This organization provides technical support to the healthcare industry for selecting products and work practices that reduce occupational and environmental hazards. The website allows you to look at information on various occupational hazards, including chemical and sharps exposures.

(978) 934-3386

Student Handout #10

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C. Scenarios

Scenario A: Big Box Foods

Kevin works in a warehouse. He’s seventeen years old. One day, when he was loading 40-

pound boxes onto a wooden pallet, he suddenly felt a sharp pain in his lower back. He had

to stay out of work for a week to recover, and his back still hurts sometimes. He is worried

about re-injuring his back, and tries to be careful, but he wants to find out more about safe

lifting and other ways to prevent back injuries.

Scenario B: Brian’s Computer Station

Brian has been working for six months as an administrative assistant in a large office. He is

the newest employee in the office, and seems to have all the hand-me-down equipment. His

keyboard and mouse sit right on his desktop, along with his computer monitor. The lever to

adjust the height of his chair doesn’t work any more. He works at his computer most of the

day. He knows at least one person in the office who wears braces on her wrists because

they are tender and painful, and who can no longer do a lot of things at home because her

grip is so weak. Brian doesn’t want to develop any problems like that, and wants to find

out what he can do.
Scenario C: Dangerous Paint Stripper

Jessica has a summer job working for the city parks program. She has been using a cleaner

called “Graffiti Gone” to remove graffiti from the bathrooms. She has to take a lot of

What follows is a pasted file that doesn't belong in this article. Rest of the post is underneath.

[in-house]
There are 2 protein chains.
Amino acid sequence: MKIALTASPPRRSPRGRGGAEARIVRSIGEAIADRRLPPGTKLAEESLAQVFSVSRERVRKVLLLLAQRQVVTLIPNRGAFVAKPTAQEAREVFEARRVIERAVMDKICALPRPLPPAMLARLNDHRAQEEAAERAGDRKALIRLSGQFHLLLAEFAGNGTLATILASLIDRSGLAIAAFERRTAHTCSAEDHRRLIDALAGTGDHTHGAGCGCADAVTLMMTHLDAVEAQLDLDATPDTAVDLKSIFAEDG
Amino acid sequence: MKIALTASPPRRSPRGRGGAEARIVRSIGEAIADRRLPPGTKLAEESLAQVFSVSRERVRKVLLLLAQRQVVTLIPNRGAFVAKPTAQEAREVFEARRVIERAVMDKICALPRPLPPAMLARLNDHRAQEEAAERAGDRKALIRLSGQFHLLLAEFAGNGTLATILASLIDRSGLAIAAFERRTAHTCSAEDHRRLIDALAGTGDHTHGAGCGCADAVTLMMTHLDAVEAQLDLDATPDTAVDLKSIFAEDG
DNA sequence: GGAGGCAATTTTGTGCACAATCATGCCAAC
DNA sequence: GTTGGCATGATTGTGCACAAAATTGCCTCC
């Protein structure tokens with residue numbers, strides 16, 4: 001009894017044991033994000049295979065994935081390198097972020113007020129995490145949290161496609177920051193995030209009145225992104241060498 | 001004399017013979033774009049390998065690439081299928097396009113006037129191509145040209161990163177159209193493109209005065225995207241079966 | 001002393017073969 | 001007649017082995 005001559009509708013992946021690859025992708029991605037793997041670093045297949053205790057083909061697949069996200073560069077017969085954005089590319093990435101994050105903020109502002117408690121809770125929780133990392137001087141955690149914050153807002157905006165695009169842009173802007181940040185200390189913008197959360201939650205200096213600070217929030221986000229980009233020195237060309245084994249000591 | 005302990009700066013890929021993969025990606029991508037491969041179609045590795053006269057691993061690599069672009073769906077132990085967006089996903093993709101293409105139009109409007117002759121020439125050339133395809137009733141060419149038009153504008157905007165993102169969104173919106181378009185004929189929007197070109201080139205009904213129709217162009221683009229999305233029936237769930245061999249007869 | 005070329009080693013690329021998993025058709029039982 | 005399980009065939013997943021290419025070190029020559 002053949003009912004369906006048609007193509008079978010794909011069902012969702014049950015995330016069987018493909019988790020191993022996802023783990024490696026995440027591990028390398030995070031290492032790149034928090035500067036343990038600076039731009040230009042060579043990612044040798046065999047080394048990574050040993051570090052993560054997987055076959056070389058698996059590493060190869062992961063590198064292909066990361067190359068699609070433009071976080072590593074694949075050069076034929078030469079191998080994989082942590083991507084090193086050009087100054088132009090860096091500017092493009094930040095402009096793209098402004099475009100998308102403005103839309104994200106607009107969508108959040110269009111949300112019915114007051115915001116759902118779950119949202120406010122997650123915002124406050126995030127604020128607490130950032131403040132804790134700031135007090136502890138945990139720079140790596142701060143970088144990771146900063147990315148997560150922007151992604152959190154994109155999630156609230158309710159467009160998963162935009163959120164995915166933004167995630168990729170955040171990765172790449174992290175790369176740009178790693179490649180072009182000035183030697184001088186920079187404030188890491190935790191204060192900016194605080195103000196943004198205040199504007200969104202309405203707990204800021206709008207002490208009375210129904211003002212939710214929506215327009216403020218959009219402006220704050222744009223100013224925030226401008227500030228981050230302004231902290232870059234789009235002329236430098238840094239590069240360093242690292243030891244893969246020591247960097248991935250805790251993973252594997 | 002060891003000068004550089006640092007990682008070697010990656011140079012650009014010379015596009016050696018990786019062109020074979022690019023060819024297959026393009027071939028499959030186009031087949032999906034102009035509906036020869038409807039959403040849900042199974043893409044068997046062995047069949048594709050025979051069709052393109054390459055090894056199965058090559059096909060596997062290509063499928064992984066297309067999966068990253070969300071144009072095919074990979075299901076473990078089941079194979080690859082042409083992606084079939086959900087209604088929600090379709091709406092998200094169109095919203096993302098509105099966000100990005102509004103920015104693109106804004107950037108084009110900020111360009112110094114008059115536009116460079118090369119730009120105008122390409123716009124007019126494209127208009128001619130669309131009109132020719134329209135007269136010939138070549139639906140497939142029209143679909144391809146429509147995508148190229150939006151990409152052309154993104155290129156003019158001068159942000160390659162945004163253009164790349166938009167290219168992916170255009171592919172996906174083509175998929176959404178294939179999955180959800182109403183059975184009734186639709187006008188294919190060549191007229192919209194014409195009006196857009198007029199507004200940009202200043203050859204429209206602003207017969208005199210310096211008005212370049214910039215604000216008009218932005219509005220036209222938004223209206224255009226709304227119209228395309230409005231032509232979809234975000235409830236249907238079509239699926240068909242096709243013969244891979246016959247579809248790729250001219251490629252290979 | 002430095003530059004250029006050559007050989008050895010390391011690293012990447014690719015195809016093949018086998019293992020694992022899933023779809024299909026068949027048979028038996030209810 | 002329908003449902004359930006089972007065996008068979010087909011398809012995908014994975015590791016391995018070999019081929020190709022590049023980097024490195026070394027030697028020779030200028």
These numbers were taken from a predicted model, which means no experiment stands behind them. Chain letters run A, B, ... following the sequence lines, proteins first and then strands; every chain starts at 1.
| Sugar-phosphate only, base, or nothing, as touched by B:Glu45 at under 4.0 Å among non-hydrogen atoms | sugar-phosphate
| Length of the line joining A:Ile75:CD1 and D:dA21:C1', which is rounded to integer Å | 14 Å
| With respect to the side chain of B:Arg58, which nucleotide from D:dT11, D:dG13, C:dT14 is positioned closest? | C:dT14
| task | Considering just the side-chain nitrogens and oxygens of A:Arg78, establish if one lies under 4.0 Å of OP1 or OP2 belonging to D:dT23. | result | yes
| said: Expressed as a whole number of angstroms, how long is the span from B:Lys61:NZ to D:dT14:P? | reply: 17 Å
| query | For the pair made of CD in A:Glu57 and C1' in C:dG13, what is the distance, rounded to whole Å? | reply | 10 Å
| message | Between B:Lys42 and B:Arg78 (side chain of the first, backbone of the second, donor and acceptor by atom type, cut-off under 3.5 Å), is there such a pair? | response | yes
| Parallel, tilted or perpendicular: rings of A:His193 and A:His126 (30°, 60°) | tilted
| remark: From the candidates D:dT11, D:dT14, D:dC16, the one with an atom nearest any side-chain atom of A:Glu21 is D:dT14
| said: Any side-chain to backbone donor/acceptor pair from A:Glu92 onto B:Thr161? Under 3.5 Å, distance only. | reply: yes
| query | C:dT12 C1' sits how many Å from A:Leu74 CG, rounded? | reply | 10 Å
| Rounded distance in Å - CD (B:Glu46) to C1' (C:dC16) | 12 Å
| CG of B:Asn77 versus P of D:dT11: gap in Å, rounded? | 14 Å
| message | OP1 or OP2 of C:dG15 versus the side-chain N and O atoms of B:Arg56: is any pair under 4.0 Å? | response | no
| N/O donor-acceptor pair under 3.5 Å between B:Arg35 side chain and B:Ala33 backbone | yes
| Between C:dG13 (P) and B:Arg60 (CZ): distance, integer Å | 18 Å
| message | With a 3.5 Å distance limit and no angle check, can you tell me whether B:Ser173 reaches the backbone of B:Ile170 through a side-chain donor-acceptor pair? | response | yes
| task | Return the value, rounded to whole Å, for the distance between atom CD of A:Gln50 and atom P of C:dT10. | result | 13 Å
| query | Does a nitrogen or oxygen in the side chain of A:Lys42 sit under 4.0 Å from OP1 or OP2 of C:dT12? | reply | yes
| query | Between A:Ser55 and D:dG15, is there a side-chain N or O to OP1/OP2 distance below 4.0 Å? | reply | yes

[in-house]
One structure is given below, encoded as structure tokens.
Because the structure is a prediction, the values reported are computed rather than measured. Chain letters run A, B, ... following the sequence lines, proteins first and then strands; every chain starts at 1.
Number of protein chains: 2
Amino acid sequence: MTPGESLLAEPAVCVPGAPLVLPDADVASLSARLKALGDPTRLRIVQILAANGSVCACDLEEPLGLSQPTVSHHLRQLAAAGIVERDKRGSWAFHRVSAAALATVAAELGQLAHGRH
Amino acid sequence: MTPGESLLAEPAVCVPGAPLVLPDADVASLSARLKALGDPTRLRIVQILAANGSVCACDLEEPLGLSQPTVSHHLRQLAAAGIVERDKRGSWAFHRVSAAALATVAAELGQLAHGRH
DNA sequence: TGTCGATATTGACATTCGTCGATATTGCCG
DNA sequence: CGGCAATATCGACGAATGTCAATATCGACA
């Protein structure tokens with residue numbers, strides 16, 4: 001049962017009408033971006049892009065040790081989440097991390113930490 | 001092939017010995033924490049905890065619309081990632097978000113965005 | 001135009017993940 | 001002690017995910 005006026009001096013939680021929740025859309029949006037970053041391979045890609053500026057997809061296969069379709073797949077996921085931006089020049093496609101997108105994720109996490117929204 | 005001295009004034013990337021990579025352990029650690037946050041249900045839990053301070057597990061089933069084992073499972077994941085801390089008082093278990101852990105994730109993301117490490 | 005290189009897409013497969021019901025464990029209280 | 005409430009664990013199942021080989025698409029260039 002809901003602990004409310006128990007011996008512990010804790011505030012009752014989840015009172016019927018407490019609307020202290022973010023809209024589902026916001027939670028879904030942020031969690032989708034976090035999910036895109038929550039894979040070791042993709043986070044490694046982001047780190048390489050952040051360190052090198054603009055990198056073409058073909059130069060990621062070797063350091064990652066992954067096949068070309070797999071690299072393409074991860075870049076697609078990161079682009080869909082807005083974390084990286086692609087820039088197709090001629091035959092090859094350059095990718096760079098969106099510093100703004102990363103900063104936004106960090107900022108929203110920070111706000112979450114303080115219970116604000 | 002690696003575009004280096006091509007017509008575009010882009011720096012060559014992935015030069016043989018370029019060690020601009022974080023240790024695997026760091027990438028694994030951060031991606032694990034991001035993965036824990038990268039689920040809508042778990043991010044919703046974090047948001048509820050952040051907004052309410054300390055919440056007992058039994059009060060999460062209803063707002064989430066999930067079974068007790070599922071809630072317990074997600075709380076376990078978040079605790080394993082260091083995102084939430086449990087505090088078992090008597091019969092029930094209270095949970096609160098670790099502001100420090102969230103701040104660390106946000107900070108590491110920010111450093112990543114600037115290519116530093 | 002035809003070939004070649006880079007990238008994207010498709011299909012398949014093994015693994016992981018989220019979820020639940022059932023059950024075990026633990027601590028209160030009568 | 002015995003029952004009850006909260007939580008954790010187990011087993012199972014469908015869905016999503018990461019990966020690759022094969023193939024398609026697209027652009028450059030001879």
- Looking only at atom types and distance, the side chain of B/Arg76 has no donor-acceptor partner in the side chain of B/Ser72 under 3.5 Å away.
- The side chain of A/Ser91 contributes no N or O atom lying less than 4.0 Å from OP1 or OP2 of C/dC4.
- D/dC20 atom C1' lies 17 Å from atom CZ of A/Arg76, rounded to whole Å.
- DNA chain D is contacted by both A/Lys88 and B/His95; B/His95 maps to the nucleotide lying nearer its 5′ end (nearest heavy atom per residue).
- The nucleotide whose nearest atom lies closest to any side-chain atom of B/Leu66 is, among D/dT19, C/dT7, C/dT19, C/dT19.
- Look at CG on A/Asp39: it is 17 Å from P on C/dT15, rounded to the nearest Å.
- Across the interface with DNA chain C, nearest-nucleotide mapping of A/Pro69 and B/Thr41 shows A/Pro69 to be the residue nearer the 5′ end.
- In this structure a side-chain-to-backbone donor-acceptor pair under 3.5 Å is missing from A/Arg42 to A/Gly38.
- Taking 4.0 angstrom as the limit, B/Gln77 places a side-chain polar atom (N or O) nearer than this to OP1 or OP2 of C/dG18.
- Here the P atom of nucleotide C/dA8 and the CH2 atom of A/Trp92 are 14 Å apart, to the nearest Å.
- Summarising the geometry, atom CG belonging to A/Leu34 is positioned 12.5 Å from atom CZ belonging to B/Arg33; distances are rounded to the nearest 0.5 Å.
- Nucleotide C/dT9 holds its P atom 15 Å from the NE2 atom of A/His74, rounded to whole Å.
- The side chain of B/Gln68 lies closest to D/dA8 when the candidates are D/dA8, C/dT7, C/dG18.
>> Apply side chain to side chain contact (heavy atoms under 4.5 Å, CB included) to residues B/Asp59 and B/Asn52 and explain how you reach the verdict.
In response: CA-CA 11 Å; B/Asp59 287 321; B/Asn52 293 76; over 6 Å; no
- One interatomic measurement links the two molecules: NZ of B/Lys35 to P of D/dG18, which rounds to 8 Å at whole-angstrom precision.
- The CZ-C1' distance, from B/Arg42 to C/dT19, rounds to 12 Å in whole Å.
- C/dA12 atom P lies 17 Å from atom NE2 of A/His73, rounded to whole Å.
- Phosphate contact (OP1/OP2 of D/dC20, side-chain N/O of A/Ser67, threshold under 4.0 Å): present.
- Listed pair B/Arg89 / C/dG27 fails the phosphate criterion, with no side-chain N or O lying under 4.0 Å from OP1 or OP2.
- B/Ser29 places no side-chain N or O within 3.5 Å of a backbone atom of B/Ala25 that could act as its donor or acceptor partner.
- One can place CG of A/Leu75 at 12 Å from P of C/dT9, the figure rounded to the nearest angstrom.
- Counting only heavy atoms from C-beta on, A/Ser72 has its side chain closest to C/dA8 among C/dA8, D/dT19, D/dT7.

breaks, because the chemical makes her throat burn. It also makes her feel dizzy sometimes,

especially when the bathrooms don’t have very many windows. On the label, she sees that

the cleaner has methylene chloride in it. She feels like she’s managing to get the work

done, but she is worried about feeling dizzy. She wants to find out more about this

chemical, what harm it can cause, and whether there are safer ways to do this work.

Scenario D: Noise at Work

Ediberto is 18 years old, and has been working for a company that manufactures

prefabricated homes for about a year. He spends a lot of the work day using a power saw.

His ears usually ring for awhile in the evening, but it seems to clear up by the morning. He

is a little worried about whether it’s damaging his hearing, but it’s not that different than

how his ears feel after a rock concert. He wants to find some information on how much

noise is bad for you, and what he can do.

Scenario E: Needles in the Laundry Stack

Simone works as an aide in a nursing home. Her best friend’s cousin Julia works in the

laundry department. Simone has heard Julia complain about the medical staff, because used

hypodermic needles sometimes show up in the dirty laundry. Simone is worried about

Julia, but also doesn’t think the medical staff could be that careless. She wants more

information on what can be done.

Student Handout #10

Page 7
Scenario F: Stop and Shop

Sarah works in a convenience store. She and the other employees take turns working the

closing shift. It makes her nervous to be at the store by herself late at night, but she knows

if she refuses the closing shifts, the owner will just look for someone else for the job. She

carries mace in her purse, and the owner has told her to give up the cash in the cash register

if she is ever faced with a robber, but she wants to find out what else can be done so she

will feel safe.

Scenario G: Trouble with Gloves

Janelle works as a nurse’s aide at a nursing home. After working there for a few weeks, her hands, arms and face started to itch, and she noticed she was wheezing a little by the end of the workday. One day, after the itching was particularly bad, she woke up to find that everything that itched was red and swollen, and her eyes were even swollen shut. She went to the occupational health clinic at the local hospital, where they told her she might be allergic to the latex gloves they use in the nursing home, but they would have to do some tests to confirm it. While she’s waiting for the results, Janelle wants to find out as much as she can about latex allergy.